This keynote and the following paper, published in a special issue involving several papers from the conference, started with ideas I developed more in-depth when doing an academic stay at University of Queensland in 2017. During the time in Brisbane, I did a lot of reading (in cafés at campus) and talking to some fantastic colleagues in an effort to communicate some ideas about the E in PE and how the P and E can be connected by putting some thought into the art of teaching and the educative potential of PE.
By returning to scholars that over the years had inspired me in their writings e.g. Arendt, Dewey, Biesta, Todd, and colleagues using didaktik theory, I argued that a sustainable aim for PE should be more physical education, where different ways of being in the world as some-body are both possible and encouraged. This, I argued, involves a certain view of the child in education and acknowledging that movement and movement cultures could be understood as something that should be explored and discovered, rather than closely related to instructive teaching, organization of activities, and behaviour modification. In order to do this, I tried to highlight the importance of teachers and as a consequence teaching as a continuous act of making judgements about the why(s), what(s) and how(s) of education, normative judgements about desirable change.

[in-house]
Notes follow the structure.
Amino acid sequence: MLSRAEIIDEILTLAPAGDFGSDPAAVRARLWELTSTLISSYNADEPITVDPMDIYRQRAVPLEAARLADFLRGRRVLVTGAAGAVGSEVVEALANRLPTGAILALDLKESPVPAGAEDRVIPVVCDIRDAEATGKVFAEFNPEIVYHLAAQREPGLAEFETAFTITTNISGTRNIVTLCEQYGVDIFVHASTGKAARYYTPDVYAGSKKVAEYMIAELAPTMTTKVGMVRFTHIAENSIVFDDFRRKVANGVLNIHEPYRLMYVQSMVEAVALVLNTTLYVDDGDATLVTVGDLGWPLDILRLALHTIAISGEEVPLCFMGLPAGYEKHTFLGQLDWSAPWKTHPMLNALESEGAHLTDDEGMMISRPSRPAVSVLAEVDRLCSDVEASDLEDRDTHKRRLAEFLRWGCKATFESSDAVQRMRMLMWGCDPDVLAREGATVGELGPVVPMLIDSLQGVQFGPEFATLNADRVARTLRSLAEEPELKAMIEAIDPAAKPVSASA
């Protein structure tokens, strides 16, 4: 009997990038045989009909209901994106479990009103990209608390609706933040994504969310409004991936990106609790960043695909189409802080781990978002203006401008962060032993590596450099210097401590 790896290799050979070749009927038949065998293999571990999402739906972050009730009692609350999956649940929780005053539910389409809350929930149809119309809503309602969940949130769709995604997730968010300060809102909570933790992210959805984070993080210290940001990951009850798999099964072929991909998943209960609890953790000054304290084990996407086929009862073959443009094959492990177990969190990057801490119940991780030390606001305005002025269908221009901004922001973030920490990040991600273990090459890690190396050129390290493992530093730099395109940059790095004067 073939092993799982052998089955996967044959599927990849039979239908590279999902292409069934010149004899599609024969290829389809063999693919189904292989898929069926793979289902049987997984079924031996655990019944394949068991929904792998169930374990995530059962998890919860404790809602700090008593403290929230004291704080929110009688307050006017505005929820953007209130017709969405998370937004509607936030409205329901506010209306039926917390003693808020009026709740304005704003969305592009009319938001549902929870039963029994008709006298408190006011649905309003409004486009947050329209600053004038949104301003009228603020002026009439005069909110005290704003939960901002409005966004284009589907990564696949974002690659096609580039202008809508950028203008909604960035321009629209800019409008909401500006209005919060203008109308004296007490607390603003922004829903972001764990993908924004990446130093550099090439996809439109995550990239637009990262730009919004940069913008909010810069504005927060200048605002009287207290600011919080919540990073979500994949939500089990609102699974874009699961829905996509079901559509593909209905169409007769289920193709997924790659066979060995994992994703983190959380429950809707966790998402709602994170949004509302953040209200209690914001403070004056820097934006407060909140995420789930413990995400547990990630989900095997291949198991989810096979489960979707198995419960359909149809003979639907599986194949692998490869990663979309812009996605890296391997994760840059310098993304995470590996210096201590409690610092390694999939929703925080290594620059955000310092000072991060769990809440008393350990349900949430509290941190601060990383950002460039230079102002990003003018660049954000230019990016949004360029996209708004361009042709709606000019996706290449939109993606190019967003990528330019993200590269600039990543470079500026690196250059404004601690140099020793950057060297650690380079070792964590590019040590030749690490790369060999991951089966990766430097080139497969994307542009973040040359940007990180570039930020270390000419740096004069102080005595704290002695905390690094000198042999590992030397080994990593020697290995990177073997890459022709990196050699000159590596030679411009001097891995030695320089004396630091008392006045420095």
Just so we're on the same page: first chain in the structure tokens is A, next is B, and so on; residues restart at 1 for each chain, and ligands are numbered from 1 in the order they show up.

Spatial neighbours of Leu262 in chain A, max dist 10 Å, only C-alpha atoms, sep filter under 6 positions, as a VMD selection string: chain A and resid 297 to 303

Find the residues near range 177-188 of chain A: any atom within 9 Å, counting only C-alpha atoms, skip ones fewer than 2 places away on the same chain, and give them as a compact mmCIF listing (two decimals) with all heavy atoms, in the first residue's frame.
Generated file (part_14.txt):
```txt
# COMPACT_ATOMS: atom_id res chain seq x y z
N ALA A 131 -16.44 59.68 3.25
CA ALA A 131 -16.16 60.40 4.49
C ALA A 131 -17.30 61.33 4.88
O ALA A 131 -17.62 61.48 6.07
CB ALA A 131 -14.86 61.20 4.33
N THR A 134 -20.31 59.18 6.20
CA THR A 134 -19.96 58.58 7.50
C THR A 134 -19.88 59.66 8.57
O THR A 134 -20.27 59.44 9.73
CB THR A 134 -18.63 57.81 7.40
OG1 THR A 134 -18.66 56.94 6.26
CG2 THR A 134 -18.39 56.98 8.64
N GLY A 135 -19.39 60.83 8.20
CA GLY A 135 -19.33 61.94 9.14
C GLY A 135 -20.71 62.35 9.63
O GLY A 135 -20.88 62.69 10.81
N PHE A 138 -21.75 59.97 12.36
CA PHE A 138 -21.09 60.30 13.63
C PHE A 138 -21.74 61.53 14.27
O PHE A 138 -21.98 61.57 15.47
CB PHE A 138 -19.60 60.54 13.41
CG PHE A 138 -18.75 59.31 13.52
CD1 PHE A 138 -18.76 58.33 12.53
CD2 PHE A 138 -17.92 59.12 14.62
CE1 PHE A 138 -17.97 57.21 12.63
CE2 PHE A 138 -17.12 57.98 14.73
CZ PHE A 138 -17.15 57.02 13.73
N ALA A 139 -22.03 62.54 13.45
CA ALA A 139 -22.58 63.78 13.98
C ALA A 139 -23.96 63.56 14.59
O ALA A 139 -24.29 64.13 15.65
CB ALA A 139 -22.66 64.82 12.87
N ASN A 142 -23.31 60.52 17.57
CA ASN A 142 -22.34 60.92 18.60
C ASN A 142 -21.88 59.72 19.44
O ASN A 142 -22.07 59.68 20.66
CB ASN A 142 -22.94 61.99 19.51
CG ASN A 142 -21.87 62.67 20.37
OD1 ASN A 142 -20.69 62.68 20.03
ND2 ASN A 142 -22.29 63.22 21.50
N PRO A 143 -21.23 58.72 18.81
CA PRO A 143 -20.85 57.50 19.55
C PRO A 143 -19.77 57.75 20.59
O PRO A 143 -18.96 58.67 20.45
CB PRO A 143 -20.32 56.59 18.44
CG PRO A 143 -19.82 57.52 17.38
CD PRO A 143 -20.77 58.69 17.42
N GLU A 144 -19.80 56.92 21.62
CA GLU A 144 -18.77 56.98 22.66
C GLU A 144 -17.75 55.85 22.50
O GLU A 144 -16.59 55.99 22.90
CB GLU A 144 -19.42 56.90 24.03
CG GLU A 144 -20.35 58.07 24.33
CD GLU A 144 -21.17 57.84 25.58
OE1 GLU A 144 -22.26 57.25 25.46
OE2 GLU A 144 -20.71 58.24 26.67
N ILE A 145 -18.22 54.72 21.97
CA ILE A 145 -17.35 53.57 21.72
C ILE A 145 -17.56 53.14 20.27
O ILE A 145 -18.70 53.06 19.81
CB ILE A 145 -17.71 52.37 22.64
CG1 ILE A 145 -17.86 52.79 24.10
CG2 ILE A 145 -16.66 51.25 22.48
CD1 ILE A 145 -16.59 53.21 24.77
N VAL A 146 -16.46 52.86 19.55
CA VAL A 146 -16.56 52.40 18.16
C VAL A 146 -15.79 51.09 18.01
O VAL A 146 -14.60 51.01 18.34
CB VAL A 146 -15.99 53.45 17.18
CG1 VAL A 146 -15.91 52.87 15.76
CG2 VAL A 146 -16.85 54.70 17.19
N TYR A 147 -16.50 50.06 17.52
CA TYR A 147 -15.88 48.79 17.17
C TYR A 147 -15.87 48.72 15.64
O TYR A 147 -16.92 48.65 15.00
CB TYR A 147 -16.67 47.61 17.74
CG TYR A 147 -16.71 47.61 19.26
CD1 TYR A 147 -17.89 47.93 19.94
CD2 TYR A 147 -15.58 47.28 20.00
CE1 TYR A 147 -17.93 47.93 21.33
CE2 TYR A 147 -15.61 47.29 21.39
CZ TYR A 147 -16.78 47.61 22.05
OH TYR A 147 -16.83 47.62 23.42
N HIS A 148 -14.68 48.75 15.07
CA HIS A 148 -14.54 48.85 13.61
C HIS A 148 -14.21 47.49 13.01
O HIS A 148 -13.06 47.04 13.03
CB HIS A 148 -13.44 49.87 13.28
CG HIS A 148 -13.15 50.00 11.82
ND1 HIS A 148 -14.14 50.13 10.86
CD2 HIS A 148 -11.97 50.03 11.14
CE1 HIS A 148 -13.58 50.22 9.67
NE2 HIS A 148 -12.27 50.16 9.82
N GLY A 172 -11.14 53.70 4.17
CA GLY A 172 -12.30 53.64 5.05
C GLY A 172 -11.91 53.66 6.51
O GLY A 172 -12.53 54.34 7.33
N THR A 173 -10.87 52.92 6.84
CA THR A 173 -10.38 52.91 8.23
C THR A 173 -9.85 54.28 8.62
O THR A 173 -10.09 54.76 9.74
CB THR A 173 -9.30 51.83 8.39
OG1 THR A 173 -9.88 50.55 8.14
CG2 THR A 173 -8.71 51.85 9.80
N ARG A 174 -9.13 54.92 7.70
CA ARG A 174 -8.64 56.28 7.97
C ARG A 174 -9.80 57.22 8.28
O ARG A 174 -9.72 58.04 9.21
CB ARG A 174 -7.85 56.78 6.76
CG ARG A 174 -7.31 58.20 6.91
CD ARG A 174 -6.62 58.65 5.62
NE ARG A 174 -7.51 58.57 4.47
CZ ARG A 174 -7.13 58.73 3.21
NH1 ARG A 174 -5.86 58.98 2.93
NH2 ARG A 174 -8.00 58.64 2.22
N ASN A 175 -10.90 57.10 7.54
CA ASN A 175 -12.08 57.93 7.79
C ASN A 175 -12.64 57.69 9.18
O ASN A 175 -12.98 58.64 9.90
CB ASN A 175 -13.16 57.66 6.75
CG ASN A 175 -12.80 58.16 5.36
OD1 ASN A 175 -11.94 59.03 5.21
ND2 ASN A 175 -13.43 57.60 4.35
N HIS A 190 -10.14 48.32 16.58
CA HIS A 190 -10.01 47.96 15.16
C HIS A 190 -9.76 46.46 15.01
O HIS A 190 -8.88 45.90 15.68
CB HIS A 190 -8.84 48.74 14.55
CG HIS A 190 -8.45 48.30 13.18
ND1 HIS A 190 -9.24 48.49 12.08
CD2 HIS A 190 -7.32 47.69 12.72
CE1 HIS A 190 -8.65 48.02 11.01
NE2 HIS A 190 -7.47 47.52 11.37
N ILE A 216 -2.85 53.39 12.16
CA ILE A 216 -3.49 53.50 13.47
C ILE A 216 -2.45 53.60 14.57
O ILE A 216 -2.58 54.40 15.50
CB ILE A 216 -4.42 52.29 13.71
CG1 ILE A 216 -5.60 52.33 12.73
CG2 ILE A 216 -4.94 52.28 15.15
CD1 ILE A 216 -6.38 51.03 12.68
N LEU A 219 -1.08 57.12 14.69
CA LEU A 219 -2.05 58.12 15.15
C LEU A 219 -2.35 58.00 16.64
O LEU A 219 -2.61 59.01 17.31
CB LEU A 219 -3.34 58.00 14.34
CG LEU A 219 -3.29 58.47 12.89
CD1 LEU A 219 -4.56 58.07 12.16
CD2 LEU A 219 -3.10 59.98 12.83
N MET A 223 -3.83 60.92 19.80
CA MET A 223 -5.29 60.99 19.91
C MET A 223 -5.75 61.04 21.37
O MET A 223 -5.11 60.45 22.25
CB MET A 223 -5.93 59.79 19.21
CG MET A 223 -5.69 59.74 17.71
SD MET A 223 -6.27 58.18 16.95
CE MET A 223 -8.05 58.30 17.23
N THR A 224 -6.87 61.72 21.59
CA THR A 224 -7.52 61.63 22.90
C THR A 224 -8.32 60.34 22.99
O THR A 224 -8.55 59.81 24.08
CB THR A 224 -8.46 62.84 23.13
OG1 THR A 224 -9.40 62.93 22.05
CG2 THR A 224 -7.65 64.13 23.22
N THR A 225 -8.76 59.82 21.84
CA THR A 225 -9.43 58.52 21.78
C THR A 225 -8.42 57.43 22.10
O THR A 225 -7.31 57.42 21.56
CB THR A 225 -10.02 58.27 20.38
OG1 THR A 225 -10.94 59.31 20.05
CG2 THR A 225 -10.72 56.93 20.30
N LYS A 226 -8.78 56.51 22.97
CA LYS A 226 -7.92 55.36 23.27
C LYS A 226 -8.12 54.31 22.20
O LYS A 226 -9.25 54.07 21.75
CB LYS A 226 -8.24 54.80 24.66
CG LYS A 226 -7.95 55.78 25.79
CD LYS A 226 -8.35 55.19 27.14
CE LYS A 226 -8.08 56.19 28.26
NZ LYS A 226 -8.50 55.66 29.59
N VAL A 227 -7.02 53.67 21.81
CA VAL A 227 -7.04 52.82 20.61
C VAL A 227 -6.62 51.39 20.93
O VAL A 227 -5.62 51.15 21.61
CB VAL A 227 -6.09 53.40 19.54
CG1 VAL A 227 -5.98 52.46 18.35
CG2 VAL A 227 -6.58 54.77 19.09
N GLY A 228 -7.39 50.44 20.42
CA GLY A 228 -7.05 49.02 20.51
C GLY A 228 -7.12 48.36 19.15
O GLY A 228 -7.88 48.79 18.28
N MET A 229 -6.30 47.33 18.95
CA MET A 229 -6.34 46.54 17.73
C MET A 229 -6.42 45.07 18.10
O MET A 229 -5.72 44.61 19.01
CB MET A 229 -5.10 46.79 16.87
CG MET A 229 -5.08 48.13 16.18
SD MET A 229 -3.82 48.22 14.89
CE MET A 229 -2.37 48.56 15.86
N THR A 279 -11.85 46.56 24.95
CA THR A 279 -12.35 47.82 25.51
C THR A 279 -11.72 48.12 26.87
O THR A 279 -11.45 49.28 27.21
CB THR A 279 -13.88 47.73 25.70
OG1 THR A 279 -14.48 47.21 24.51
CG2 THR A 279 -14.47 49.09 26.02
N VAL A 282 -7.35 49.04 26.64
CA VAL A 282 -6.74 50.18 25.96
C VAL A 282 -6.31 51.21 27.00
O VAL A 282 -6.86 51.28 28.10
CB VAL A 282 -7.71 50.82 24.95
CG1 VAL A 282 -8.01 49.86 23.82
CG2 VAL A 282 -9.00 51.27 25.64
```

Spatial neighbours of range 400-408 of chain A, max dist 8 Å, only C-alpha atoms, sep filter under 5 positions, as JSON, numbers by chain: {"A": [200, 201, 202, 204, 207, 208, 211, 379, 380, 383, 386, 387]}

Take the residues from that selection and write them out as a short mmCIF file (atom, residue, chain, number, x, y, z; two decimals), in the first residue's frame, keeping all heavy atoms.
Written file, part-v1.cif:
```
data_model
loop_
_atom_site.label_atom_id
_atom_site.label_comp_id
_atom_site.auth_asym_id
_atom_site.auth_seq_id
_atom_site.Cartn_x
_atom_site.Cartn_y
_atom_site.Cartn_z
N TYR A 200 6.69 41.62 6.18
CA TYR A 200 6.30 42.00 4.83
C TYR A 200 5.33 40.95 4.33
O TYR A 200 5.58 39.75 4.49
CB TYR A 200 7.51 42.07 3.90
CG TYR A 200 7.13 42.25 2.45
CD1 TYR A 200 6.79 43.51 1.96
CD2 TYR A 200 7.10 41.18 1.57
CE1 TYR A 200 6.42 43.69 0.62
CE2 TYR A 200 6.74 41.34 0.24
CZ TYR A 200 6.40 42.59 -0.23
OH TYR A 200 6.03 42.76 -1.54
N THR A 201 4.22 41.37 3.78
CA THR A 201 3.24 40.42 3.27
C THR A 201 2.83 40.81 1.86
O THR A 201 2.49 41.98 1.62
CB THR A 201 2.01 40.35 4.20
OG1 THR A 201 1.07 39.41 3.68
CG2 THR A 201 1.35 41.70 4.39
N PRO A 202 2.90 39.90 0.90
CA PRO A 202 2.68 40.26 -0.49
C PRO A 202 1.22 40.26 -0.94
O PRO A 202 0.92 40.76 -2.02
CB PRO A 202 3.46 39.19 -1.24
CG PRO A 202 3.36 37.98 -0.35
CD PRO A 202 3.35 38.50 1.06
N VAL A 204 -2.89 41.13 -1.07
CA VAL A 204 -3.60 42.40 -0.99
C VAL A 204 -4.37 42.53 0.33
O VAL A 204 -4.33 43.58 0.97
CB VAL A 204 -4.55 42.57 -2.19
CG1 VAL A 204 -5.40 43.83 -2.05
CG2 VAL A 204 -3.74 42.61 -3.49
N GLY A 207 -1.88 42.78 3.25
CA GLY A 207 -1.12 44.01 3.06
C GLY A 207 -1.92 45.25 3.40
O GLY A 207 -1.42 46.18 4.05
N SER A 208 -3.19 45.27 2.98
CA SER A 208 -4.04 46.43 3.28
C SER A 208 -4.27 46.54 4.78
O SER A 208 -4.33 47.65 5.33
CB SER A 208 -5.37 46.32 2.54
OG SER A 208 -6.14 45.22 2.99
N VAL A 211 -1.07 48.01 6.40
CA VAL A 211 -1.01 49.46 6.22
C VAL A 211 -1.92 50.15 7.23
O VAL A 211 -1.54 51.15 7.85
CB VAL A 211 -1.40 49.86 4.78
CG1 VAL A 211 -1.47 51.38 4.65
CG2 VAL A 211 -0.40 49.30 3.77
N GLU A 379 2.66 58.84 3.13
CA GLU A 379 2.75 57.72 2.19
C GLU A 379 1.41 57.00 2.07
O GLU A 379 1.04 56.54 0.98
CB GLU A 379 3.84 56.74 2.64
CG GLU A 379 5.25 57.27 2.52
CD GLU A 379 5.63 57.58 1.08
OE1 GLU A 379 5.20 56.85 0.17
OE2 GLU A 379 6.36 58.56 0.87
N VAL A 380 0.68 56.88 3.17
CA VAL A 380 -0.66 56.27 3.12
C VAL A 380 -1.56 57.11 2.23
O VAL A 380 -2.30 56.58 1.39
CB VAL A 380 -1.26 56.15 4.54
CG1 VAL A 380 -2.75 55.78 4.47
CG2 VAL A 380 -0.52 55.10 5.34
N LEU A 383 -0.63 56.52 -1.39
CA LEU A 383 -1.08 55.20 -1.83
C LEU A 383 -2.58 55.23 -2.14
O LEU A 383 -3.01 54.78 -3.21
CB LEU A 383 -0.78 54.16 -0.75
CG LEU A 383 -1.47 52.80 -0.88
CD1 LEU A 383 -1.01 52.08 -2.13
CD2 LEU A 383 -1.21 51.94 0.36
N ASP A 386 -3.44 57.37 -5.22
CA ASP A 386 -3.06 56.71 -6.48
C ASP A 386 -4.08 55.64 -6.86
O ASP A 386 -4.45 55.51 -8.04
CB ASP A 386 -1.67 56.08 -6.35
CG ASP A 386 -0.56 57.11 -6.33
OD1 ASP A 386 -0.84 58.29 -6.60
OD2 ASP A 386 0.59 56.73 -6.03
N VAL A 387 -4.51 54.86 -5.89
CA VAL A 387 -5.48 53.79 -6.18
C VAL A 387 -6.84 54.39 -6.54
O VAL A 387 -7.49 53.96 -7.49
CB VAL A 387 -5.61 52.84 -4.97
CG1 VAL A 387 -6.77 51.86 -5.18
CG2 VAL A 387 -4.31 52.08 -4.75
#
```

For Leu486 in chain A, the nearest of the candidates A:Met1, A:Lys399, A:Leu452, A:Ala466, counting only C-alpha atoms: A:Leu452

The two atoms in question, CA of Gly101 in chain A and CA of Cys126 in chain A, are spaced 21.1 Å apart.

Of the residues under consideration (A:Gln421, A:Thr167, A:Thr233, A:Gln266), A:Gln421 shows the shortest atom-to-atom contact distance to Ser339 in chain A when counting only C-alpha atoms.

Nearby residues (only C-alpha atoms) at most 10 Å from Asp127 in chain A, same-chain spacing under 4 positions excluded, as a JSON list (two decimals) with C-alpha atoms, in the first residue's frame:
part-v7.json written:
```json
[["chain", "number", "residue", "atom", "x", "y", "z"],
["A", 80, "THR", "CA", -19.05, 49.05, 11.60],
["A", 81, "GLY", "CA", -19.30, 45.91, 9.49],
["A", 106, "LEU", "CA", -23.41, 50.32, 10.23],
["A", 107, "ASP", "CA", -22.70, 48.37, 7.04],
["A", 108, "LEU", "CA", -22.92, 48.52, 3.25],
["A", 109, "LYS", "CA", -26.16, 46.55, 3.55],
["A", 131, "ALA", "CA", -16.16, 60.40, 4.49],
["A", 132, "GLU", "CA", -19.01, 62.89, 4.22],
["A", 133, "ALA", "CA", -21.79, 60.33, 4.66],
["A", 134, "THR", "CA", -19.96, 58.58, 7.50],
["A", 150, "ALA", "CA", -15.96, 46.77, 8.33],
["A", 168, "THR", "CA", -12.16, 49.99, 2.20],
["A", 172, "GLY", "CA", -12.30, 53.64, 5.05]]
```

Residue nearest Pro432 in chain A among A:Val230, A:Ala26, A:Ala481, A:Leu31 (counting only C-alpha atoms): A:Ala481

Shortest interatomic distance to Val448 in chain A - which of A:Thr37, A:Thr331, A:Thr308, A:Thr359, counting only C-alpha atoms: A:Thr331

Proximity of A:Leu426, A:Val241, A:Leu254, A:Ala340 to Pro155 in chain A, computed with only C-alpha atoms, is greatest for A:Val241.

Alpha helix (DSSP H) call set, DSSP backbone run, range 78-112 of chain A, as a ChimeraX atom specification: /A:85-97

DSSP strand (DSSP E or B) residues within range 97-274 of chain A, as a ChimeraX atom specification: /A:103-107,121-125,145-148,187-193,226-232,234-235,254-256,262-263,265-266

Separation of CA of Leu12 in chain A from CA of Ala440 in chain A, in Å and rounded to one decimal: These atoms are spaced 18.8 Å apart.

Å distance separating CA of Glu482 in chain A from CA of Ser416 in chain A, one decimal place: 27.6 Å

However, understanding the aim for PE as more physical education is also challenging since it involves seeing PE not primarily as a school subject or academic field but as a way to understand the educative potential of PE. This involves accepting a rejection of the notion that there is an end to education and thus the inevitability of open-endedness of PE in terms of that we are never fully physically educated but always being in a process of becoming physically educated.
What I ended up with in the paper, and where I still am in my thinking around PE, were some of my unfinished thoughts around what physical education as more physical education could involve:
1. A pedagogy of becoming – which includes a view of the child as always being in a process of becoming physically educated.
2. A pedagogy of meaning – including a focus on meaningful experiences and the process of making new or revised meanings out of experience.
3. A pedagogy of hesitation – offering time for deliberation and reflection.
4. A pedagogy of interruption and discovery – bringing something new to education that involves uncertainty, curiosity and disturbance and making movement as well as movement culture something to discover.
5. A pedagogy of critical inquiry – focusing on the understanding and challenging of taken for granted assumptions about ourselves and others.
6. A pedagogy of social justice – offering opportunities to change oppressive, unfair and unsustainable PE practices in school as well as in society.
7. A pedagogy of plurality – viewing physical education practice as open-ended in terms of different possibilities, different ways of being or diverse opportunities to be for example healthy, however these are construed. (p. 619-620)
I realise that these seven ‘pedagogies’ are not that helpful to teachers out there but my ambition with the keynote was to contribute to a discussion around PE and education. It is always difficult to know where any text you write ends up in terms of how it is used or interpreted, but this one has been one of the more interesting and challenging ones. It is like sending out a balloon of thought into the world and eagerly waiting to see what happens.
Thanks Ash for engaging with the paper!